An history of standing armies in England

There is nothing in which the generality of mankind are so much mistaken as when talk of Government. The different effects of it are obvious to every one, but few can trace its causes. Most men having indigested ideas of the nature of it, attribute all public miscarriages to the corruption of mankind. They think the whole miss is infected, that 'tis impossible to make any reformation, and so submit patiently to their countries calmities, or else share in the spoil: whereas complaints of this kind are as old as the world, and every age has thought their own the worst.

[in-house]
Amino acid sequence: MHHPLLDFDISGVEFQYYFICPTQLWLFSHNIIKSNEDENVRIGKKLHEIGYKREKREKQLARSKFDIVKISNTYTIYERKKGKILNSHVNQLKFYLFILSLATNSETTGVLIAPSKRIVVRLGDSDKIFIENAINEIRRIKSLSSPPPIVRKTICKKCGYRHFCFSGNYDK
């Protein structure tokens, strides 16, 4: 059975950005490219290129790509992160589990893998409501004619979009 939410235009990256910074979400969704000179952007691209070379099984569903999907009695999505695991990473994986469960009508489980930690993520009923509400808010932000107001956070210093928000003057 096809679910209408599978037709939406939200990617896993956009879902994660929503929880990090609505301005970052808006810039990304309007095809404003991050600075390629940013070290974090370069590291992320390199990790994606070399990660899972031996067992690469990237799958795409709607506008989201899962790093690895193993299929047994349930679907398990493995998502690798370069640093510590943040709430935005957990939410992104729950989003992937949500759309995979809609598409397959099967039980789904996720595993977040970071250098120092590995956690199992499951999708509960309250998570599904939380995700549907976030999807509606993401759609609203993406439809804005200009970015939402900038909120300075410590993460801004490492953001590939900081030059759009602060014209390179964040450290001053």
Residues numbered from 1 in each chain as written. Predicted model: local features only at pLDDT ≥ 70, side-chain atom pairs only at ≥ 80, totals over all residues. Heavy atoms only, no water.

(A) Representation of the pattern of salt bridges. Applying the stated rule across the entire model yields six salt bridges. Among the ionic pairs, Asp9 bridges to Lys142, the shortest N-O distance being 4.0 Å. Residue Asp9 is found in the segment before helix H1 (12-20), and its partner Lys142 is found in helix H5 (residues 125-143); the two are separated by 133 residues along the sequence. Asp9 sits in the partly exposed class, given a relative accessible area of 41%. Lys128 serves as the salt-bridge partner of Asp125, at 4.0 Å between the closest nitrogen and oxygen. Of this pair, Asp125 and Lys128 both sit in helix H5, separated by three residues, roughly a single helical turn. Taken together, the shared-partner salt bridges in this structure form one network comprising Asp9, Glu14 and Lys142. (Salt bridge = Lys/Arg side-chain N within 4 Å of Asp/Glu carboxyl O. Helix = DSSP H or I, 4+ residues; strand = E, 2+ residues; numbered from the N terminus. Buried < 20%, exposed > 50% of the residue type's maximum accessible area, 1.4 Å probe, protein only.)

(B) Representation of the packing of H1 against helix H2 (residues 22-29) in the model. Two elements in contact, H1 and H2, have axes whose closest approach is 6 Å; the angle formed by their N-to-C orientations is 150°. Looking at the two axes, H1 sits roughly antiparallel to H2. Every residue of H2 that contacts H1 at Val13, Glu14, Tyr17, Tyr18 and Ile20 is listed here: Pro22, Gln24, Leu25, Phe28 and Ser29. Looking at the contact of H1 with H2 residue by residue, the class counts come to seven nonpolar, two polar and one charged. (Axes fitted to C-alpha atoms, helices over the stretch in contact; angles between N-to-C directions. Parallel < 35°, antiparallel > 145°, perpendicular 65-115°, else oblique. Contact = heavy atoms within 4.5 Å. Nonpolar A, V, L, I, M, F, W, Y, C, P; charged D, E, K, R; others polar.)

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The first footsteps I find of a standing army in England since the Romans left the Island, were in Richards II's time, who raised four thousand archers, in Cheshire, and suffered them to plunder, live upon free Quarter, beat, wound, ravish, and kill wherever they went and afterwards he called a Parliament, encompassed them with his archers, forced them to give up the whole power of parliaments, and make it treason to endeavor to repeal any of the arbitrary constitutions that were then made but being afterwards obliged to go to Ireland to suppress a rebellions there, the people took advantage of it, and dethroned him.